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1. Plan Background and Purpose

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The Greater Everglades Ecosystem

The Natural System

The southern Florida peninsula encompasses a mosaic of subtropical habitats connected and sustained by water. Before European settlement, this region of about 18,000 square miles was dominated by wetlands, which originated in the Kissimmee River drainage basin and flowed southward, through Lake Okeechobee and the Everglades, into highly productive estuaries and nearshore coastal waters, including Biscayne and Florida Bays.

South Florida receives between 40 and 65 inches of rainfall annually, most occurring during the wet season (June through October). The area is characterized by very low topographic relief. The nearly flat topography, proximity of thousands of miles of coastline, and high annual rainfall make much of the area susceptible to flooding.

Historically, water levels and flows in the wetland areas of the Everglades fluctuated seasonally in response to rainfall and runoff. During heavy rains, all but the tree islands were flooded. During the dry season, water levels generally were close to the land surface, but during droughts they often fell substantially below it. Major fires were a natural occurrence during droughts, and they swept over the land, burning vegetation and peat.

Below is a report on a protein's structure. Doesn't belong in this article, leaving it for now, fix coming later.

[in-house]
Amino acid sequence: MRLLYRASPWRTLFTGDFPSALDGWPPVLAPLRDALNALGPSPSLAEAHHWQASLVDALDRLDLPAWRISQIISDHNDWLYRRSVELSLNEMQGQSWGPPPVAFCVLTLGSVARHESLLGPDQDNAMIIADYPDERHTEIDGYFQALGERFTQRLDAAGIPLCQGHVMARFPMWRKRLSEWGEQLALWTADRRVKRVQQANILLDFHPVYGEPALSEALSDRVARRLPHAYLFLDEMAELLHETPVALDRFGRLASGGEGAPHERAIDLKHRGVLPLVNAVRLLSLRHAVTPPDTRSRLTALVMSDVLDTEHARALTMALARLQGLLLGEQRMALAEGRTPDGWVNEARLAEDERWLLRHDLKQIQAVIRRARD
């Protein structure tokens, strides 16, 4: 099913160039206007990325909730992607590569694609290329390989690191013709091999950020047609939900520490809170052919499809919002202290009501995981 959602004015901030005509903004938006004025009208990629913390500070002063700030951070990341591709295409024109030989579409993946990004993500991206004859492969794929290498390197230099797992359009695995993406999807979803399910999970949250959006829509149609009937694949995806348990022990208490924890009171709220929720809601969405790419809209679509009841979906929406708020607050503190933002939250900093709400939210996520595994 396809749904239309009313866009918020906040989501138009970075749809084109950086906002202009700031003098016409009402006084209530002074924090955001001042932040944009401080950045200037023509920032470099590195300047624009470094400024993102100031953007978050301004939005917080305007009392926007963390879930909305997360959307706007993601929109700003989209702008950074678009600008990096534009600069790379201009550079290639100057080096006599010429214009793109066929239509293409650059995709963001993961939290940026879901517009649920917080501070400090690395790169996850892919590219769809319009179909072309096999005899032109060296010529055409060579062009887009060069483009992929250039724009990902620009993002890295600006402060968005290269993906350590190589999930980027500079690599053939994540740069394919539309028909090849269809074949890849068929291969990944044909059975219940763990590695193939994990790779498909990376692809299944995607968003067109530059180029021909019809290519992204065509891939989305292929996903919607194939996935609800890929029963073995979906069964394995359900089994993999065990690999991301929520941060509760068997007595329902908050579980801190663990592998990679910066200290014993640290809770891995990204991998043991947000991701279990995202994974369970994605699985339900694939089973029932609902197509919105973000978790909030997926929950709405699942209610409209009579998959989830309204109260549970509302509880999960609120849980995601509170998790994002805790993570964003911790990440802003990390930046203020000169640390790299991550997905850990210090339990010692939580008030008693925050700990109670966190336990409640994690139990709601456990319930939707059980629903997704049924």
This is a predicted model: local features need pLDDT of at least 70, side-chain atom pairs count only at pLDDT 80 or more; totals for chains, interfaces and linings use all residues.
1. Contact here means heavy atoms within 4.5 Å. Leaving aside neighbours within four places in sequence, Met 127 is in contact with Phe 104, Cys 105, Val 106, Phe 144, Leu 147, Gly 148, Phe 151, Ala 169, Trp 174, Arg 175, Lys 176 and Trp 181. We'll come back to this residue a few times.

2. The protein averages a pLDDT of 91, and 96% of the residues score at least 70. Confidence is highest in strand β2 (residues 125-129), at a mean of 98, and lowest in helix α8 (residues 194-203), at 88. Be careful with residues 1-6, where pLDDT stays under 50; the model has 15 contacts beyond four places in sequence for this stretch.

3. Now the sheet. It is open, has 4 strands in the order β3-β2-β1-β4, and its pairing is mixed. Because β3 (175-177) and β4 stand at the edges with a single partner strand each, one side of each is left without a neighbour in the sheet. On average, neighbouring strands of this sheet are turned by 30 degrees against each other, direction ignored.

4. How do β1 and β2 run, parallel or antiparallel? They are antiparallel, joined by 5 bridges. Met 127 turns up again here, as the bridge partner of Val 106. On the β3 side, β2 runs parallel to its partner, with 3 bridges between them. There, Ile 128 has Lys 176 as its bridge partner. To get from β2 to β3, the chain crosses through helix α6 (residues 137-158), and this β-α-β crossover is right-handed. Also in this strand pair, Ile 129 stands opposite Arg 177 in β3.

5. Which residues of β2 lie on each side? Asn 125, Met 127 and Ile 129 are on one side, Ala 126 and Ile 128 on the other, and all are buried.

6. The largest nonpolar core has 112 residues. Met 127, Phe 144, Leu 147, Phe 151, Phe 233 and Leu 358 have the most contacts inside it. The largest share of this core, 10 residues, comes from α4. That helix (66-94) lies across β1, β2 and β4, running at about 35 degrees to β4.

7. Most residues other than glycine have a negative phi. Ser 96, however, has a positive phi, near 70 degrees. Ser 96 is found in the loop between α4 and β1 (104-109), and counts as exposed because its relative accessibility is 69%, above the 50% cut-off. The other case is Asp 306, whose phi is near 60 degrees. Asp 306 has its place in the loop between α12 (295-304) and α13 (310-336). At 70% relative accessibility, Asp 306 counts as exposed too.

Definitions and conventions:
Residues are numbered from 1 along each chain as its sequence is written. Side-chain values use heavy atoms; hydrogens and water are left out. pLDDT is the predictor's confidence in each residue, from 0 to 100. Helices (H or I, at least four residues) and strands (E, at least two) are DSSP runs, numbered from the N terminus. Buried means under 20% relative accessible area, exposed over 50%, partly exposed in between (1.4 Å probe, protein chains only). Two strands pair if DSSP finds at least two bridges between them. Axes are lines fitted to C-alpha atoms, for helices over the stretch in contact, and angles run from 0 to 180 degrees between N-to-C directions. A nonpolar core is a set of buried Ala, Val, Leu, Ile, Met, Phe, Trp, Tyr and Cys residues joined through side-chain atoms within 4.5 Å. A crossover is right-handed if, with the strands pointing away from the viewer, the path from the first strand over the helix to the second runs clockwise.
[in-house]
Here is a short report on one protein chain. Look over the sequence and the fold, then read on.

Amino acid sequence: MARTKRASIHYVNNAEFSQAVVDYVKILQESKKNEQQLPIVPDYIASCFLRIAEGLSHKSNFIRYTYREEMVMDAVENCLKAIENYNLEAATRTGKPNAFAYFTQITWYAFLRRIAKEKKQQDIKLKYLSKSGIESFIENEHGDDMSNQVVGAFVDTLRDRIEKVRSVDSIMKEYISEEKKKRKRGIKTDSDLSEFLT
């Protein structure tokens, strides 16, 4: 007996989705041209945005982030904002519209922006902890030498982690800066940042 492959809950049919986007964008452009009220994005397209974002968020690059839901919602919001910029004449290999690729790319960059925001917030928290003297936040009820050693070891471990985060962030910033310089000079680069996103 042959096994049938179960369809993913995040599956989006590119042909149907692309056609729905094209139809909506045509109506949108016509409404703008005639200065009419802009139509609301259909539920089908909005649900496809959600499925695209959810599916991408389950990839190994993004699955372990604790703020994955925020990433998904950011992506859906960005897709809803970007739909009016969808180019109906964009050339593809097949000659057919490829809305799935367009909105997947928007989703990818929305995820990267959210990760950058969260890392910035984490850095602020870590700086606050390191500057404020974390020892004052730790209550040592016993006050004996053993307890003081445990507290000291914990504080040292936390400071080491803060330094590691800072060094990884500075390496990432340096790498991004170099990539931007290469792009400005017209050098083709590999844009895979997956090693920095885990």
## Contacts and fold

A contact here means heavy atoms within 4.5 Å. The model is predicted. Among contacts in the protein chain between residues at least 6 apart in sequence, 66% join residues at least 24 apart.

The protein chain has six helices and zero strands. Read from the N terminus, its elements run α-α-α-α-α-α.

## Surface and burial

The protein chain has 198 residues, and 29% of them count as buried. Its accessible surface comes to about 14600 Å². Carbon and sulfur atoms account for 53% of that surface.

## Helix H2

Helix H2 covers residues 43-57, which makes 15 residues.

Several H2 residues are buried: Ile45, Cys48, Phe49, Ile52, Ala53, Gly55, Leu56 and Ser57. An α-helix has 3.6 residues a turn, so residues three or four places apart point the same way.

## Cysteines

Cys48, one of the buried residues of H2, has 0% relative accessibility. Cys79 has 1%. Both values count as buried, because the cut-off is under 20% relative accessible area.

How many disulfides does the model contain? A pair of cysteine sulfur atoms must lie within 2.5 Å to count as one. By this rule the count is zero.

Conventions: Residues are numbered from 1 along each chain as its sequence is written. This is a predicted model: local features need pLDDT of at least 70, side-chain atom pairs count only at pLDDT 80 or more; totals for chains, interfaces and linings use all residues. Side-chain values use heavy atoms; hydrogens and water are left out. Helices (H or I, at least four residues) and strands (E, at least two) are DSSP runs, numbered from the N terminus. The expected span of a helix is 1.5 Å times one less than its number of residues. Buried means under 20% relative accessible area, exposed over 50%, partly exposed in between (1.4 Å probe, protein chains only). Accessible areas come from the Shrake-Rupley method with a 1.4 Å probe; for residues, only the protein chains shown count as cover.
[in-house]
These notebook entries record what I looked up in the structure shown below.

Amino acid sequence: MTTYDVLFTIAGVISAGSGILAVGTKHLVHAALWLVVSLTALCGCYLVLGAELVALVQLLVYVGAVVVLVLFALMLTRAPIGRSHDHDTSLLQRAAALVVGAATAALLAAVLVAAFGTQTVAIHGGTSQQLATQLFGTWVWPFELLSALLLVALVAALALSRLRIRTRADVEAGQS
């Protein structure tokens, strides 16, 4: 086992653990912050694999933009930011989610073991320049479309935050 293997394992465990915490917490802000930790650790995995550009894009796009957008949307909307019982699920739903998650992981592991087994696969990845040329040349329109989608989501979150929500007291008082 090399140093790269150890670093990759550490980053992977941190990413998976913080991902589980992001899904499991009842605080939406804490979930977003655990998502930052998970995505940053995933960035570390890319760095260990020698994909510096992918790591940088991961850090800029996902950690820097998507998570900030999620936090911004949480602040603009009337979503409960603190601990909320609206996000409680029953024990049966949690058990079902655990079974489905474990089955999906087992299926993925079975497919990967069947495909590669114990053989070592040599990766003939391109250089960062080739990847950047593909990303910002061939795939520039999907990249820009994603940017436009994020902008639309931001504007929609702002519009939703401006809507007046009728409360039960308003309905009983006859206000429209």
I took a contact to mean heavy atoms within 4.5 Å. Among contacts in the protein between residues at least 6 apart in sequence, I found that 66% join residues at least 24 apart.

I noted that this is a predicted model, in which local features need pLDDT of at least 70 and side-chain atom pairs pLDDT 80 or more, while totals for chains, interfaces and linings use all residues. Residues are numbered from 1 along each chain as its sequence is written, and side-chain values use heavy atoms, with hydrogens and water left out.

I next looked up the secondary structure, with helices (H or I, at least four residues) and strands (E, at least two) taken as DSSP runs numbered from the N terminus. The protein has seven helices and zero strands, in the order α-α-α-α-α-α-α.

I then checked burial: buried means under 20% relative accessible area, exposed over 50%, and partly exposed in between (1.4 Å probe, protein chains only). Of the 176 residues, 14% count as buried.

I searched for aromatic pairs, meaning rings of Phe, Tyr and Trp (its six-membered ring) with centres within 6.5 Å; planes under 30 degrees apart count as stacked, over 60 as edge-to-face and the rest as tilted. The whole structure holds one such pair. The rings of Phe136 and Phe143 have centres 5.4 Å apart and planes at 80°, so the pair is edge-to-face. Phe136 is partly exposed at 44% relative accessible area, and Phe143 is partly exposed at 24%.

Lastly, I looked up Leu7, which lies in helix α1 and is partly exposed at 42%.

The freshwater marshes were characterized by extremely low levels of nutrients, creating the conditions conducive to extensive wetland sawgrass prairies—known as "the river of grass." These wetlands were punctuated with relatively low "uplands," which provided forested refuges for migratory species during times of flooding, as well as habitat for a diversity of year-round communities. In and around the estuaries, freshwater mingled with salt to create habitats supporting mangroves and nurseries for wading birds and fish. Beyond, nearshore islands and coral reefs provided shelter for an array of terrestrial and marine life.

The habitat in South Florida originally supported far-ranging animals, like the Florida panther, and super-colonies of wading birds, such as herons, egrets, roseate spoonbills, ibis, and wood storks.

Human Alterations to the Natural System

Some early land developers saw the potential for "improving" the Everglades wetlands through development and agriculture. However, efforts to reclaim the area for development and human habitation evolved slowly, as the marsh and sloughs were largely impenetrable and uninhabitable.

The conflict of human versus natural elements in South Florida began in earnest in the early 1900s, when the control of water and the drainage of wetlands were first considered essential for commerce and human safety. Loss of life due to hurricane-related flooding in the 1920s accelerated flood protection projects, culminating in the congressional authorization in 1948 of the Central and Southern Florida (C&SF) Flood Control Project. Over the course of the next 50 years, population growth, urbanization, and agricultural practices significantly altered the natural system.